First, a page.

Professor: So should D/E equity ratio be low or high?
Dumb Guy 1: High because blah blah blah...
Dumb Guy 2: Low because blah blah blah...
Smart Guy: It depends Sir...

5. Be Flexible: In the last two years, I have developed a huge interest in Theater, Movies, Writing and Photography. This is only because I was willing to listen and spend time with experts from my batch in each of these fields with an eagerness of a beaver and the curiosity of a three-year old. I realized later that whenever I told myself, "That's not for me..." I have lost out on something. Some of the things I learnt from my batchmates range from fields of Oil Painting, Yoga and Astronomy to Animation using 3-D Max. There's no limit really.

6. Play to Peer Pressure most of the times: I had been told in school to carve my own individuality and not be guided by peer pressure. Conversely, in a B-school, I believe Peer Pressure is an element that one should exploit wisely. So if in a Costing Viva, there are 110 before you who have told you that they have said that Cost Control is better than Cost Cutting and you have reason to believe them and you are the 111th, do not - I repeat - do not take a chance and play the hero to say the converse.

Follow the crowd, for something called Relative Grading will plunge you to depths you would have never imagined existed. I used to do a quick poll before any individual assignment submission to gauge how many are actually submitting on time and if a substantial part weren't going to, I put on my earphones back on for that Quentin Tarantino flick I'd left mid-way.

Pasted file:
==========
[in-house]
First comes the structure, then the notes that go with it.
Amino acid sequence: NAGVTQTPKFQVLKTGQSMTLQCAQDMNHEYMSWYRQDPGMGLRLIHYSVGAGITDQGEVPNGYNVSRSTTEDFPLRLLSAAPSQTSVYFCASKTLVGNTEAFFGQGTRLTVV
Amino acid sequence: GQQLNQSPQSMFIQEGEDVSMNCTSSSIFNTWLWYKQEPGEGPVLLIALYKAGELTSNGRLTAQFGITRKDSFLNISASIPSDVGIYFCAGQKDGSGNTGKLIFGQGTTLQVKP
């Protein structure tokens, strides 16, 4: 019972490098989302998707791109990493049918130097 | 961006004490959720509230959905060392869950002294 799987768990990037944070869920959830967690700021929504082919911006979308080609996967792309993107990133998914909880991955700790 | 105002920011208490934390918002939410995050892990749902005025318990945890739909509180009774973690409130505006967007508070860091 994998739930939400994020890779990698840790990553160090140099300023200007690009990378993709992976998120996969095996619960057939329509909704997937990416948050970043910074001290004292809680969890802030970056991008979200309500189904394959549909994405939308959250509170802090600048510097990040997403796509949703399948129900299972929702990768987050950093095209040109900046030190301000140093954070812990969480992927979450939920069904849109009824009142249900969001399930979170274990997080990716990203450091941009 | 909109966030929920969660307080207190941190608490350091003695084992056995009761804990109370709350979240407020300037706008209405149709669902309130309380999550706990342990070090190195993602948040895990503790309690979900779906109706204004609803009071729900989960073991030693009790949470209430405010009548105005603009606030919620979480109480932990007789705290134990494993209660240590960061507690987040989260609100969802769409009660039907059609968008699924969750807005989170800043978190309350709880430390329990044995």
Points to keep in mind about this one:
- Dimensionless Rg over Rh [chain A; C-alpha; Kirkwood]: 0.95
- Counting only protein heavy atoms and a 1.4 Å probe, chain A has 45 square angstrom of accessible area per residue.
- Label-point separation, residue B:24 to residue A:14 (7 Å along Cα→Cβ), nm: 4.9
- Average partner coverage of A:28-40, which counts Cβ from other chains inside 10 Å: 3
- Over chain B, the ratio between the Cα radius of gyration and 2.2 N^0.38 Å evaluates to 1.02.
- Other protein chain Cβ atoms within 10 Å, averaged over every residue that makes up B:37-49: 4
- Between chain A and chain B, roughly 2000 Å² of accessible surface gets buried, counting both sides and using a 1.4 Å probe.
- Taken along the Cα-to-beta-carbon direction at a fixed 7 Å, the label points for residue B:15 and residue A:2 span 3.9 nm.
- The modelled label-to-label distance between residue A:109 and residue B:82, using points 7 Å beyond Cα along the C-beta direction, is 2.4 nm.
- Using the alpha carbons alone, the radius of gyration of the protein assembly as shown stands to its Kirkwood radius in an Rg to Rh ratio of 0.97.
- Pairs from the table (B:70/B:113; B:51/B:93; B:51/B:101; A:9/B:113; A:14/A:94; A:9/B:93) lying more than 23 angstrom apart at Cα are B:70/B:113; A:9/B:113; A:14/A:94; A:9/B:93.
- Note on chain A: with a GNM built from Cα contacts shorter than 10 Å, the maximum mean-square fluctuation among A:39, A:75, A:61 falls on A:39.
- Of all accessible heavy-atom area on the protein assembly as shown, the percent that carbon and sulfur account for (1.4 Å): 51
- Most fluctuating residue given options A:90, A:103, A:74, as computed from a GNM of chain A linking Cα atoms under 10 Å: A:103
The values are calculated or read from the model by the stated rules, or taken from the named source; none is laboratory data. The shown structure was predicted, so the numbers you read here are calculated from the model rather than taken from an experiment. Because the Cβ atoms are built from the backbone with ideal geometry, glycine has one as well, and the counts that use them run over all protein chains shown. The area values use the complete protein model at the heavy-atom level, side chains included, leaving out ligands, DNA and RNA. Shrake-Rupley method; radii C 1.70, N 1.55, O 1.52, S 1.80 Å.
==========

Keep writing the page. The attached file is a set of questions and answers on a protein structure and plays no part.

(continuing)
7. Don't take anything at face value: This I picked up from a Harsha Bhogle video-tape in our library. If something is coming your way and it seems too easy, question its validity. So even if you are mid-way understanding a concept from the batch topper and you are grasping it easily, question him in between. If you thought you calculated the Black-Scholes with real ease in the examination, don't sit back and relax, but speak to a few people around you. Chances are you screwed up big-time and that means managing better impression in the eyes of the professor from next class (Refer Rule 1). I once thought I had a real easy Costing paper and came out half an hour before the allotted time only to realize later I missed out on the last Question that was listed on the second page of the question paper.